What’s the Upside — and Downside — of Fintech-Focused IoT?

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IoT may be revolutionizing many sectors, and fintech is no different. But there are many risks to consider with the implied rewards.

It’s no secret that the Internet of Things today is changing a lot of sectors. But apart from the growing common use of IoT in our lives, areas like the financial sector can also benefit from this technology.

Let’s look at five big advantages of IoT in fintech.

1. Real-time data collection – Insurance companies can really benefit from IoT as clients can get all their important information about their insured goods no matter where they are at the moment. For example, if you insure your house, using special sensors you can get all necessary information about all needed changes in insurance coverage directly to a phone-based app and into a database. Or, if you want to ensure something in another country, you can easily receive local rules of insurance on your mobile device.

2. Improved customer service – All financial institutions, including everything from banks to P2P lending organizations, always look to provide their customers with the best solutions and thus, the best offers. To implement it wisely, you need to know all preferences of customers and what services they are interested in.

Due to special sensors installed in these organizations and the large number of mobile devices people use, it is possible to collect more information about each customer and find out about the all financial nuances that can be interesting for him or her. Then, financial organizations will target useful tips for each customer and it will improve customer service on the whole.

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For example, smartphones of customers can connect to sensors installed at the entrance of the bank. When customers enter the bank, sensors can authenticate their identity that increases security and send all required information personally for this client.

3. Faster decisions – When banks gather information about their customers, it helps them create a structure of all financial capabilities of each customer. If bank analyzes personal preferences of the customer using his/her social media and credit history, it can make a faster decision whether a customer is reliable and his/her creditworthiness is high. If everything is good, the bank can make a good offer for the existing customer or potential customer. Using special analytical software together with a bunch of sensors, banks can succeed in it.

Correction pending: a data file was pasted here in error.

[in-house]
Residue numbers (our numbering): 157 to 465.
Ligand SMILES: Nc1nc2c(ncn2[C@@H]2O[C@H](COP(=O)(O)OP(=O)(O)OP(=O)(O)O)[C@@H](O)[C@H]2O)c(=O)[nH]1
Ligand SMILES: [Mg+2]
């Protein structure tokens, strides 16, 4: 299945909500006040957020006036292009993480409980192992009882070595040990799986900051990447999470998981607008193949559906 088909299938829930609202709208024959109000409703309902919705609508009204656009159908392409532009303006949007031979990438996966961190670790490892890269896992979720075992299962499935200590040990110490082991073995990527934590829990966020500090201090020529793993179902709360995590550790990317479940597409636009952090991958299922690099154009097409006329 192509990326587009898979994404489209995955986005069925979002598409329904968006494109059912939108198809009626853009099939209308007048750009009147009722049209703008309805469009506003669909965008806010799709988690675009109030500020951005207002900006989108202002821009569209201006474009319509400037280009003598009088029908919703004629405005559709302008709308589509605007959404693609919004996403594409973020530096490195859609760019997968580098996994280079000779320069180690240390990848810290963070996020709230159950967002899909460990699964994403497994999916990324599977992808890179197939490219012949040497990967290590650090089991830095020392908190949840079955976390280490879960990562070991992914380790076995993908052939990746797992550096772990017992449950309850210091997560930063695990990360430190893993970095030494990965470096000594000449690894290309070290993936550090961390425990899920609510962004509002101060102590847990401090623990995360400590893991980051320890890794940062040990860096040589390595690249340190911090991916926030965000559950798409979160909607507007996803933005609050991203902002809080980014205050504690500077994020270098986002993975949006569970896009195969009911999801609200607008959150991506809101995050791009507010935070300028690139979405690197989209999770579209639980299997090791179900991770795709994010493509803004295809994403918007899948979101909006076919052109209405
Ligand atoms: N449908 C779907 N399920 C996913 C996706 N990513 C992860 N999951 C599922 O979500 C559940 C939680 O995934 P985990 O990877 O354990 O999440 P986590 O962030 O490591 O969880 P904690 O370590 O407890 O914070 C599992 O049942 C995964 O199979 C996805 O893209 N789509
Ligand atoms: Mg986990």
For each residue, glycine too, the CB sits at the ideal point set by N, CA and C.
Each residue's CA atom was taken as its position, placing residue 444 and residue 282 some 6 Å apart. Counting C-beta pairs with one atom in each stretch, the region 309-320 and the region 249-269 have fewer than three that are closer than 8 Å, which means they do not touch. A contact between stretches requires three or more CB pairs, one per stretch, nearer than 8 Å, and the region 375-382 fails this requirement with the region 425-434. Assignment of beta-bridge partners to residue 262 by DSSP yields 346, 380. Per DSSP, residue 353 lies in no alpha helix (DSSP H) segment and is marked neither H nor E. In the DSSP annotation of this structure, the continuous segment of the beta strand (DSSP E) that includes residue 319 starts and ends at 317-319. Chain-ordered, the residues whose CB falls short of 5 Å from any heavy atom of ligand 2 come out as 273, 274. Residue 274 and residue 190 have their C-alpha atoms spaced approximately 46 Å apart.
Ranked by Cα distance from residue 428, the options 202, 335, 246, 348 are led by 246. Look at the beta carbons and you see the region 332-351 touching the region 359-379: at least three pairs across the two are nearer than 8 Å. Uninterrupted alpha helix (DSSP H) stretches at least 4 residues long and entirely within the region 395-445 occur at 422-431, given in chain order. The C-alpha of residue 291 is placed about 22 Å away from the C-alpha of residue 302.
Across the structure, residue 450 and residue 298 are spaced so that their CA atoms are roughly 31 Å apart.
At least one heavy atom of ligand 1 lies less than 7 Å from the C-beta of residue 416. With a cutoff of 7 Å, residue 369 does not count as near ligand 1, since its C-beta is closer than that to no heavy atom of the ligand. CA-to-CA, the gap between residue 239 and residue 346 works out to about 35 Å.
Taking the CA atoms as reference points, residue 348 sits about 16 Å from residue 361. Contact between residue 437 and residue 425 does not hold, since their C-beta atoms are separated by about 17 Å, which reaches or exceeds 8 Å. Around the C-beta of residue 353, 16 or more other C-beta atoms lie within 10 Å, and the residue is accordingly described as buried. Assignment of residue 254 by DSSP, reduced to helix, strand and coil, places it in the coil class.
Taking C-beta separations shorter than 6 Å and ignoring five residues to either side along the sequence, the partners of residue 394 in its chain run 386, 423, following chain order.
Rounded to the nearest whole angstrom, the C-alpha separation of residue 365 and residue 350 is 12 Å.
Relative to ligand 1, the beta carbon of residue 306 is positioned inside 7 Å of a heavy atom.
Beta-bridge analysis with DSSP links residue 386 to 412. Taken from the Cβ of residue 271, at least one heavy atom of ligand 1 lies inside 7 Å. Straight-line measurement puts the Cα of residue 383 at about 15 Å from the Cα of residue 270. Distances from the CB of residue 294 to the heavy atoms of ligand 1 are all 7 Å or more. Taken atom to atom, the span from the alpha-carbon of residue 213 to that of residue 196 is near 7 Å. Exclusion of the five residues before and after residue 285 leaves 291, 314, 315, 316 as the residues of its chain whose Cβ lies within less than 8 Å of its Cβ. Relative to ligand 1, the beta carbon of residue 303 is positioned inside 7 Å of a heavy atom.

4. Connecting to your customer - Everybody knows about contactless payments, like when you just wave NFC-based smartphone or credit card over PoS-terminal and make your payment. The future of IoT in fintech can give us even more opportunities. Imagine that sensors integrated into the cash desk will allow you pay for all products you’ve collected automatically. The payment will be done from your mobile wallet when the cost of all products will be calculated. If your wallet is out of funds, the payment will be rejected.

5. A better level of interaction – IoT can bring a new level of interaction between devices and people. For example, when people pass by sensors in a branch, they can get notifications that their credit payment is overdue and they need to make monthly payment urgently. If you spend money outside of your preset parameters, you will receive a notification from your virtual personal banking assistant that you exceeded the limit of purchases for today and you need to stop, reinforcing better spending habits.

But then, there are connected fintech shortcomings

Unfortunately, we cannot ignore the pitfalls banks and their clients may face if they plan to integrate IoT in fintech. There are some risks executives need to consider.

1. Security –  IoT means a network of different connected devices and often a large network of different software packages. That means that hackers can use one software package to break the link in this chain. It can lead to serious losses; aside from funds that can be stolen, personal information is also under threat. Security solutions abound, but they are neither cheap nor easy to implement.

2. Lack of common standards – Much IoT hardware is built by different manufacturers, and it means that they may not work identically. That means there is a probability that some devices can function improperly with each other due to different standards. Unfortunately, this problem cannot be solved easily today.

3. Network complexity – The larger a network is, the more trouble and malfunctioning may arise during the maintenance. If one sector in this network breaks down, it can become a serious failure in the system and the reason for great losses. Careful vetting of manufacturers and asset managers for this devices, along with their operational software, based on their IoT experience is key.

About Nataliia Karachenko

Nataliia Kharchenko is a Technical Writer at Cleveroad.

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